Malaysia: Ringgit ends winning streak in May
May 20, 2016
The ringgit has had a tumultuous past year as a number of issues, both domestic and external, have impacted the currency. Fallout from the 1MDB crisis, as well as expectations over the start of the Fed’s tightening cycle pushed the Malaysian currency to multi-year lows in late 2015. In late April, the 1MDB scandal returned to the headlines and speculation that the Fed will raise rates again have shaken the Malaysian currency. On 19 May, the ringgit closed at 4.08 MYR per USD, which was 5.0% weaker on a monthly basis and 13.6% compared to the corresponding day last year. However, the currency is in better shape than it was at the beginning of 2016 however, as it is 5.0% stronger year-to-date.
The ringgit is at the mercy of outside pressures, particular stemming from the Fed’s tightening cycle with the next increase projected in the coming months. On 19 May, minutes from the Fed’s April meeting revealed that an upcoming rate hike in June was likely. Increased expectations of a rate hike works against the MYR as financial markets begin pricing in a stronger USD. Malaysia’s economy is also strongly linked to oil prices, which saw the three days of declines prior to 19 May weighing on sentiment for the ringgit. The ringgit has also had to contend with weak trade data from the first quarter, which showed Malaysia’s current account surplus falling to its lowest level in over three year.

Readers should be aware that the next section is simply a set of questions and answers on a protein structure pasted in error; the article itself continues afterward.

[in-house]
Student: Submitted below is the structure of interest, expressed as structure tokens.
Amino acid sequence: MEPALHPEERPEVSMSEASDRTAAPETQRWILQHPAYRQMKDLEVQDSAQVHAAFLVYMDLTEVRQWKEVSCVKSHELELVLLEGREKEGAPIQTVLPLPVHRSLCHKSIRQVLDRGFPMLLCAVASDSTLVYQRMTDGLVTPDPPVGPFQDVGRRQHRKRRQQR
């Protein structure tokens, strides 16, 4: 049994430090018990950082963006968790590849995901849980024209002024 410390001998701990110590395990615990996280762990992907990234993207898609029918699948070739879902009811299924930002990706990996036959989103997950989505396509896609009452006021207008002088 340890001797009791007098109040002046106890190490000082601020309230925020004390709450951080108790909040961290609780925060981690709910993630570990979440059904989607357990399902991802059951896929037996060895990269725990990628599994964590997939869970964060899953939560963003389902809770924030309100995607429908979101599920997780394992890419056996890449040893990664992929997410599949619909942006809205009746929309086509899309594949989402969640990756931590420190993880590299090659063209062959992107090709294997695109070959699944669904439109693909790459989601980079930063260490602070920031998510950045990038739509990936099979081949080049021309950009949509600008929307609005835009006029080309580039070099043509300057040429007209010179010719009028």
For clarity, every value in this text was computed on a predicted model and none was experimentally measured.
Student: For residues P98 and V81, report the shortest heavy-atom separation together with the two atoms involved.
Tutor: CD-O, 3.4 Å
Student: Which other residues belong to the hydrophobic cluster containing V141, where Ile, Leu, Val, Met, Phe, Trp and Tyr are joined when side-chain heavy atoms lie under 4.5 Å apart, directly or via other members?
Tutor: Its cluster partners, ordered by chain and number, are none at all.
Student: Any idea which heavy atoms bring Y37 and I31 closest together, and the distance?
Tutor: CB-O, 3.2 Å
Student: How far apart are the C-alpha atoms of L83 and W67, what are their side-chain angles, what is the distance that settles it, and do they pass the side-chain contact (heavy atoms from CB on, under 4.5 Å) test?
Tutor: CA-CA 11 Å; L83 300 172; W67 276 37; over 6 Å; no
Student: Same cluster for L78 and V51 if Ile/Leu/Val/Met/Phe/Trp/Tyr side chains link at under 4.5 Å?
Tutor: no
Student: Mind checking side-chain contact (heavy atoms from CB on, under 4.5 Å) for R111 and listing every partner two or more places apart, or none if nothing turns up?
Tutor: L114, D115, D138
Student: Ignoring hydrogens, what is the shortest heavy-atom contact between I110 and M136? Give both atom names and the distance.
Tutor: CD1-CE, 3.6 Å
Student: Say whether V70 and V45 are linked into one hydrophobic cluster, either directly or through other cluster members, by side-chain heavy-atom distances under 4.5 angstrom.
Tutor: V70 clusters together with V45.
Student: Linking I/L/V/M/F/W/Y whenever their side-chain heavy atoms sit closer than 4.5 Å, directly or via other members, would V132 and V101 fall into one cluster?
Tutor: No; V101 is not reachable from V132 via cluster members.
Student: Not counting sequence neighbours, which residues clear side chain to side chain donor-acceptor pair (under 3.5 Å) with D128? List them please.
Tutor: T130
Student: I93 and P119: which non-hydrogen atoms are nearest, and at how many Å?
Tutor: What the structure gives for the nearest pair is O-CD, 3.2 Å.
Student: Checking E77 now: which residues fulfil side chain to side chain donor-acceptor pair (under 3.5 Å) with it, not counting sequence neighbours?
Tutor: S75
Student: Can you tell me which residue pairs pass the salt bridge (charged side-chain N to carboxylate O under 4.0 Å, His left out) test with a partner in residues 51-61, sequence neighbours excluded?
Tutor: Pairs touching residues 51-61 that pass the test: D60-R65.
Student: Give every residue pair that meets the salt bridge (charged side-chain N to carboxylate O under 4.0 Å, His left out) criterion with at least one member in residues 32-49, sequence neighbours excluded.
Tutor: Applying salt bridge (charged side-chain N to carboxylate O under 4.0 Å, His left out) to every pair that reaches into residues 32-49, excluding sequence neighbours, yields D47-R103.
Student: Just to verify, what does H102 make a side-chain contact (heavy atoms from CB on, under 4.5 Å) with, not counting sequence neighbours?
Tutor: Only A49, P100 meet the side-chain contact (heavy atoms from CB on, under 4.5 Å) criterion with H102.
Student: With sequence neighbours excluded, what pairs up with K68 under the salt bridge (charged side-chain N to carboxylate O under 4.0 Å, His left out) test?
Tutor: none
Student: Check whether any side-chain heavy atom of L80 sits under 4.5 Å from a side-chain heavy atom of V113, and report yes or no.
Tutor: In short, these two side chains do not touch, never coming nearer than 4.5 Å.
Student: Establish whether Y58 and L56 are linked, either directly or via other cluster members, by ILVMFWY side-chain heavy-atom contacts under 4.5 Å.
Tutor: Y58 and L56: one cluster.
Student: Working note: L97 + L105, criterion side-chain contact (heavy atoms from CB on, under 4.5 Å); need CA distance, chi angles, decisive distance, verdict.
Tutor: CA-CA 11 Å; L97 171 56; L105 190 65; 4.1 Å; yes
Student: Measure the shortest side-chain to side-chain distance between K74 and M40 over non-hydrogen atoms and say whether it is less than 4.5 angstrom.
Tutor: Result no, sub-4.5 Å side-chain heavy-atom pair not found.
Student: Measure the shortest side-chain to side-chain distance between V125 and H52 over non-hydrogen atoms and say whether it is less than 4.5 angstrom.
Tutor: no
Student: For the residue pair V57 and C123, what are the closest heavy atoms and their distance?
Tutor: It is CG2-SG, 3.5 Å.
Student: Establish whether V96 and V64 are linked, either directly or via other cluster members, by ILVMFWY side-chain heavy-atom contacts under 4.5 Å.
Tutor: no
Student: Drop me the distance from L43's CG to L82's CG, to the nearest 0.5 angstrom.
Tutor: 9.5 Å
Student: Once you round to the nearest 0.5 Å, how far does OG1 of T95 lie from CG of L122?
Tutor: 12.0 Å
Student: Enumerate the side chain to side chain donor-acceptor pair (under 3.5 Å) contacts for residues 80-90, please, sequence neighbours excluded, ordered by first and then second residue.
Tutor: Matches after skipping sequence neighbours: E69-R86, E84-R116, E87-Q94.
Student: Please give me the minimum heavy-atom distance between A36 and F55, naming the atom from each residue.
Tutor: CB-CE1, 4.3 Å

Malaysia’s struggle with the troubled 1MDB investment fund may be coming to an end, but the impact of the mismanaged fund on the currency is still apparent. Last month, 1MDB entered into default after it missed a payment on a bond amid a dispute with an Abu Dhabi based investment fund. This triggered a series of cross defaults and revived calls for investigation and closure of the fund. The Malaysian government is the sole shareholder of 1MDB, and yields on Malaysian debt increased as a result of the default. The resulting impact on investor confidence has been one of the factors weighing on the ringgit.
Although the aforementioned factors have weighed on the ringgit in recent months, their effects will likely be transitory and the ringgit should recover. The Fed’s policy meeting minutes will not have a lasting impact and oil should continue its broad upwards trend. Furthermore, financial instability stemming from the 1MDB fiasco will be contained, thanks to damage control undertaken by the Ministry of Finance. The Ministry of Finance stated that it would dissolve 1MDB’s board of directors by the end of the month and remove legislation that gives the Prime Minister power over the fund’s investment decisions. Political pressures have also abated, as state elections in Sarawak gave the embattled Prime Minister renewed confidence.
Author: Robert Hill, Economist